PICTOU — A downtown storefront lies in ruins after a fire destroyed it on Monday.
Rubble was all that remained of Poppy’s variety store on Water Street on Tuesday from the nearly nine hours of battling the blaze while the store’s owner tried to determine what’s next for him and the business.
Pictou resident Kevin Pettipas opened Poppy’s One Stop and said he purchased the building in January; it was formerly the Shiretown Discount Emporium. He said the building was worth around $200,000 and the retail items were valued at nearly $250,000.
“Between the building and the contents it’s about $500,000,” he said, while estimating the damage. He was not immediately sure of the insurance on the building and business.
The store was open for business at the time the fire broke out; Pettipas said he opened a stock room door in the back of the building and discovered smoke. He dialed 9-1-1 at 11:18 a.m. to report the fire.
Pettipas said he had transferred all but the last load of retail items into the store on Water Street from a pop-up on Front Street he opened before Christmas last year.
Pictou fire fighters were at the scene shortly after and summoned mutual aid from several other departments to fight the fire.
Eight local fire departments responded and were stood down over time as the fire was brought under control. Besides Pictou, those responding to varying degrees came from Caribou District, Scotsburn, Abercrombie, Trenton, New Glasgow, Stellarton and Westville. The remaining Pictou County departments covered for them.
Pictou deputy fire chief Jason MacLeod, who was in charge of the fire scene, estimated nearly 100 fire fighters were at the scene. By dusk, Pictou fire fighters were still picking up and storing equipment.
Barricades to detour traffic were set up throughout the day and security tape blocked a large area to keep spectators back from the fire scene.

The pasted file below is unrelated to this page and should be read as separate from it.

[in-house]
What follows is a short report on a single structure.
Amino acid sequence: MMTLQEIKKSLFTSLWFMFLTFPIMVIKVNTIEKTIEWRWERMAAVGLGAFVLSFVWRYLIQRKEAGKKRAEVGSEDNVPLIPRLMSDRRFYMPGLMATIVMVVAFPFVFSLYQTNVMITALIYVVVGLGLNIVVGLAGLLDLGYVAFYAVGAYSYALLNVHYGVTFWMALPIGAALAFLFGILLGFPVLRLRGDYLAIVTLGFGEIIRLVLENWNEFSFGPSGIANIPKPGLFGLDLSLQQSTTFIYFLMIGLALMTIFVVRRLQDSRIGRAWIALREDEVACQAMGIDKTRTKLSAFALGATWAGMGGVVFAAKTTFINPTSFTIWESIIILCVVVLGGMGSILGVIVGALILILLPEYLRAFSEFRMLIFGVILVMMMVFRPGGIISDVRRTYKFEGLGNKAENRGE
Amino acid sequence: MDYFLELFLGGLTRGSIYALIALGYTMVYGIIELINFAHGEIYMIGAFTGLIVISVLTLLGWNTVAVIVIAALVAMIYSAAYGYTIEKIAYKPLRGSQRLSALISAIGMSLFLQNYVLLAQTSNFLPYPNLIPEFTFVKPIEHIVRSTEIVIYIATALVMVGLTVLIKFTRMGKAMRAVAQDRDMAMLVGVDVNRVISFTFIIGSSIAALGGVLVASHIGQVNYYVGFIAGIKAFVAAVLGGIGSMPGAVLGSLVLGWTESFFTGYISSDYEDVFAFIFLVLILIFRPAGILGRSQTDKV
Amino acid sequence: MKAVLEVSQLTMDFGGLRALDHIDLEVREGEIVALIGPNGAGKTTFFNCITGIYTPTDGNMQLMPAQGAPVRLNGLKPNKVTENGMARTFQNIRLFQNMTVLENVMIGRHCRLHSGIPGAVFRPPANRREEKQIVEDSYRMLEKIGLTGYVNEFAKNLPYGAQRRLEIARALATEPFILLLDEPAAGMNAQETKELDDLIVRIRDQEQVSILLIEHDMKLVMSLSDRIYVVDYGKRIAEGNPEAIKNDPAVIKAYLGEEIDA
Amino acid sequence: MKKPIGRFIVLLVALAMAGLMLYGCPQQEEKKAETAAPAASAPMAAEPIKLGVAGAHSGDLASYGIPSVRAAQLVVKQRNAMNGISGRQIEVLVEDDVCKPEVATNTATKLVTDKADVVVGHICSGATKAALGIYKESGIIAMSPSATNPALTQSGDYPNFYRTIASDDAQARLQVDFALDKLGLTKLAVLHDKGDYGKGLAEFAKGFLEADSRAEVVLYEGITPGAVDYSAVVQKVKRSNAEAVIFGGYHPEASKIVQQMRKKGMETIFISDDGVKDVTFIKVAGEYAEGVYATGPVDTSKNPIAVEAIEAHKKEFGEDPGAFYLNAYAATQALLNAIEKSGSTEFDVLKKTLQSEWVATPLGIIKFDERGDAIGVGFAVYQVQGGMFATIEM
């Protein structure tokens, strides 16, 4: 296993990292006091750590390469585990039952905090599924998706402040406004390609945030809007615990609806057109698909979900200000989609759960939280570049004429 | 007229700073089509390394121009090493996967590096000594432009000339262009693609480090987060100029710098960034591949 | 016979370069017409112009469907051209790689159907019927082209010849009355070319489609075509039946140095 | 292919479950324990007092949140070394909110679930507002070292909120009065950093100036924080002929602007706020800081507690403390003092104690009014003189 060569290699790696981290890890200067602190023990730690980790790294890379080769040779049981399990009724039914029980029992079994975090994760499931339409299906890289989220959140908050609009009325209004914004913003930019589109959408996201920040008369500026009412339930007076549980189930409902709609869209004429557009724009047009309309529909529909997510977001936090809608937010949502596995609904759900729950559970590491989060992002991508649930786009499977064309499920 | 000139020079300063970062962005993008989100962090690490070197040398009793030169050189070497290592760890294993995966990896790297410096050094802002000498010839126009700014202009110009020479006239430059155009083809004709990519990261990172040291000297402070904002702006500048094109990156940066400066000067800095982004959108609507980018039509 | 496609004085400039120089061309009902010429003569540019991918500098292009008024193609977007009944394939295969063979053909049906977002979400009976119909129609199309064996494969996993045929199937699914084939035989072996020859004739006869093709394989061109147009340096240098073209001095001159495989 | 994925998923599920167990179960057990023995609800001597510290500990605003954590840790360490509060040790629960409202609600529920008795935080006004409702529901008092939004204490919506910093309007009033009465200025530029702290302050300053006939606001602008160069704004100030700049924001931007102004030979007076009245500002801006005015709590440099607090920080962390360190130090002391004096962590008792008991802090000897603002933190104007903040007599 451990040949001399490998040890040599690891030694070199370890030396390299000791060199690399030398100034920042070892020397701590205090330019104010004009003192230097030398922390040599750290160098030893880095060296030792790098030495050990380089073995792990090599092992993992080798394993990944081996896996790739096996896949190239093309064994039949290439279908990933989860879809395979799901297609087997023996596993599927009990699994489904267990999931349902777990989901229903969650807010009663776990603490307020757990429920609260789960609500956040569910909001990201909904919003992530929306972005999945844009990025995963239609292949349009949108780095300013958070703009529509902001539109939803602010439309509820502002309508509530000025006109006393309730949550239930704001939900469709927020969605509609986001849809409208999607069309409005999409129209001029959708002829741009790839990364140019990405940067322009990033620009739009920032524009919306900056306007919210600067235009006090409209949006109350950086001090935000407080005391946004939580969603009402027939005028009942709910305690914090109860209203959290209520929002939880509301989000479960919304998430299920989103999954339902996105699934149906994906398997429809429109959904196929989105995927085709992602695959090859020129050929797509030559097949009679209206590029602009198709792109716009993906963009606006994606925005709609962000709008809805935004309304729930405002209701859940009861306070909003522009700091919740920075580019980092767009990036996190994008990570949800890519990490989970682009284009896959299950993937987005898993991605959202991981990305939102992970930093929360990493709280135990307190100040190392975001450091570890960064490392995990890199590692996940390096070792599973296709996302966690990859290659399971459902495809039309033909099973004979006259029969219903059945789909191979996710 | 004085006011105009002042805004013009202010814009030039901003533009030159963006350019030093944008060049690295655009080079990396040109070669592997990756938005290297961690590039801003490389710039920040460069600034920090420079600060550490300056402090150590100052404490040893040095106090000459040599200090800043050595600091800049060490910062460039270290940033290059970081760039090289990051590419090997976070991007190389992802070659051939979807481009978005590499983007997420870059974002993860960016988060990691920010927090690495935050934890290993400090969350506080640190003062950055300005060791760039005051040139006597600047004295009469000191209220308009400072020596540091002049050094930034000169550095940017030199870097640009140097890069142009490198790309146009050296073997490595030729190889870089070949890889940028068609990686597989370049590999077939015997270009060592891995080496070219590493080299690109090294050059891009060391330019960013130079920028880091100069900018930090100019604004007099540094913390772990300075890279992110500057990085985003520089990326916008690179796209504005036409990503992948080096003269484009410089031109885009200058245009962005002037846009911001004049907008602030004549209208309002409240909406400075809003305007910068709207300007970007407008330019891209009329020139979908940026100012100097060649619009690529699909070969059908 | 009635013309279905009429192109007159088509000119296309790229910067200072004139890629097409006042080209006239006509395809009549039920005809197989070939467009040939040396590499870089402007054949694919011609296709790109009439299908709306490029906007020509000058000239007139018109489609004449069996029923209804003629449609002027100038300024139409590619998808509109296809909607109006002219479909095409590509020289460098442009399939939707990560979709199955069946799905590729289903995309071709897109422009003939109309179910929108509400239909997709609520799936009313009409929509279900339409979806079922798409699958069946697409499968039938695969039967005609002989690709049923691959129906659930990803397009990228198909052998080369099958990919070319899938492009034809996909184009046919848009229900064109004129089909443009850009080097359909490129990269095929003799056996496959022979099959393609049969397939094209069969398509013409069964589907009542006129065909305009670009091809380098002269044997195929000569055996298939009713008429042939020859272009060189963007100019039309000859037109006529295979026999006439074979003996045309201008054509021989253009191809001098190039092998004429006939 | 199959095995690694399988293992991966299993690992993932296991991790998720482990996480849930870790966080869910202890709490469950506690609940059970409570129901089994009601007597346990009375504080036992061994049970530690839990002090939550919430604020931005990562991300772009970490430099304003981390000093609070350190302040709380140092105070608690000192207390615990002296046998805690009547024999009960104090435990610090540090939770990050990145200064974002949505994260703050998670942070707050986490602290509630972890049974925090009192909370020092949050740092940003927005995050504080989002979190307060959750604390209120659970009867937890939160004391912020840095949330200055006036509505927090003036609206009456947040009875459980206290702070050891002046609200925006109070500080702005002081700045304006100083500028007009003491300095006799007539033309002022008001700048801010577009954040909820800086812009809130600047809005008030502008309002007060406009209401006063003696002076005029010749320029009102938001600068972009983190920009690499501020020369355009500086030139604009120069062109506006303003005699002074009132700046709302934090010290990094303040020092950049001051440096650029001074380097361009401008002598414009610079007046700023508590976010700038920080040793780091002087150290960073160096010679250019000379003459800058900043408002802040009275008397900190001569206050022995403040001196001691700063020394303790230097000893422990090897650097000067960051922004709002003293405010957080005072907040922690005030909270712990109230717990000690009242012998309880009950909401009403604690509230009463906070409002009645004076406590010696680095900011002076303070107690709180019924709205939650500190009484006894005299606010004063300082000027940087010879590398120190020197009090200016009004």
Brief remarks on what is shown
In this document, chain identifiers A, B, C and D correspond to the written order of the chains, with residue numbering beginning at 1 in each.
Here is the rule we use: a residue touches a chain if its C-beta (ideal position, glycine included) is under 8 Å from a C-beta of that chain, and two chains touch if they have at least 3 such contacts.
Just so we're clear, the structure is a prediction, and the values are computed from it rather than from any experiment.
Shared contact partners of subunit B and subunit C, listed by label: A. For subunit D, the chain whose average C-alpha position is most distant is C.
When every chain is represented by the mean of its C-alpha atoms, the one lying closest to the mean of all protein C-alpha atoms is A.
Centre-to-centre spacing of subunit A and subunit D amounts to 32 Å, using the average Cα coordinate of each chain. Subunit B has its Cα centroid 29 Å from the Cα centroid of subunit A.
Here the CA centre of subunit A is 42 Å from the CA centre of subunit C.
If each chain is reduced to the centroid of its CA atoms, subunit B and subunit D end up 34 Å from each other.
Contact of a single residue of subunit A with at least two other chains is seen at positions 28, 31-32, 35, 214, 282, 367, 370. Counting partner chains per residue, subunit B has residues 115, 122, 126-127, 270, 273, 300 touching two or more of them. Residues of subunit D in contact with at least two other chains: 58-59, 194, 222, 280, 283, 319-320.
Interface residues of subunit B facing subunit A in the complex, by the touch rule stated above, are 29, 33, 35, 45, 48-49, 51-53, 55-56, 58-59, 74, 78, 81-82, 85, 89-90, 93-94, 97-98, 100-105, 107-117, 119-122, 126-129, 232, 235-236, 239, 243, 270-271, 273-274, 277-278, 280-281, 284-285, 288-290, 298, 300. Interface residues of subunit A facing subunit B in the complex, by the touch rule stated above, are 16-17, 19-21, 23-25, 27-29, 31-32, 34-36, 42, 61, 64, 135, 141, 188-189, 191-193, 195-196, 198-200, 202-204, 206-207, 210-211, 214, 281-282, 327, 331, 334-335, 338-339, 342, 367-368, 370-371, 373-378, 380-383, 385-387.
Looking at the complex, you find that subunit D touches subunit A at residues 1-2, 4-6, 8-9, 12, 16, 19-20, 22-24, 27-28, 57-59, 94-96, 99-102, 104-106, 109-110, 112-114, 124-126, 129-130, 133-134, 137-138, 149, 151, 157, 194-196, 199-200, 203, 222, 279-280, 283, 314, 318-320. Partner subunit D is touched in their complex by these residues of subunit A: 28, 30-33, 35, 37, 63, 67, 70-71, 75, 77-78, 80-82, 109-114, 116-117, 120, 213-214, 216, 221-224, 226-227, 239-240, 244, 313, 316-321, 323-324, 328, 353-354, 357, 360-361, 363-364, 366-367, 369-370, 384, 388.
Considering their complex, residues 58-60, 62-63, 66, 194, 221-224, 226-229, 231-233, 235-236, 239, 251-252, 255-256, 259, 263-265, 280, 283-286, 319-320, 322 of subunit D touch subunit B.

The fire spread from the back to the front of the building over several hours and threatened Shiretown Home and Auto located next door as east to northeast winds pushed bellowing smoke in that direction. A fire crew was camped on Market Street hosing the back of Poppy’s from behind Shiretown Auto.
Storage tanks containing combustibles at Shiretown were removed early into the fire fighting process.
A crew with a ladder truck from the New Glasgow Fire Department arrived into the third hour of the fire to drive water through the building’s roof.
By early evening, an excavator was brought in to push the walls in and break up the building.
MacLeod said the roof structure prolonged the battle to control the fire and keep it from spreading. A pitched roof covered the original flat roof.
He said demolishing the store means the cause of the fire will not be known.
“We had to demolish the building to get the fire out,” he said. “We were checking constantly inside the Shiretown building. I’m quite happy there was not even a burn mark on that building.”
A massive amount of water from town sources and Pictou Harbour was consumed to put out the blaze.
Town CAO Dan Troke didn’t have an immediate figure, but the volume was enough for the town to issue a conserve advisory — although not a boil advisory. Some water discolouration was also reported.
Power was shut off at Shiretown and numerous surrounding buildings while the fire persisted.
Shiretown manager Michael Douglas said the store would remain closed and power shut off until officials could be sure it was safe to reopen.
Water was seen trickling out of the store’s front entrance, but Douglas said it was never more than an inch or two deep on the shop floor. There was some smoke in the store but the stock was otherwise unaffected, he said.
“There are some light fixtures with water in them, so we shut the power off,” he said. “It will be a day or two at this point before we can open.”
Meanwhile, water drained steadily from the fire scene along gutters and into drain holes and were monitored to keep them clear.
There was no indication of flooding at MacGregor’s Tea Room across the street from Poppy’s.
PHOTOS by Angela Fraser, Steve Goodwin and Heather Brimicombe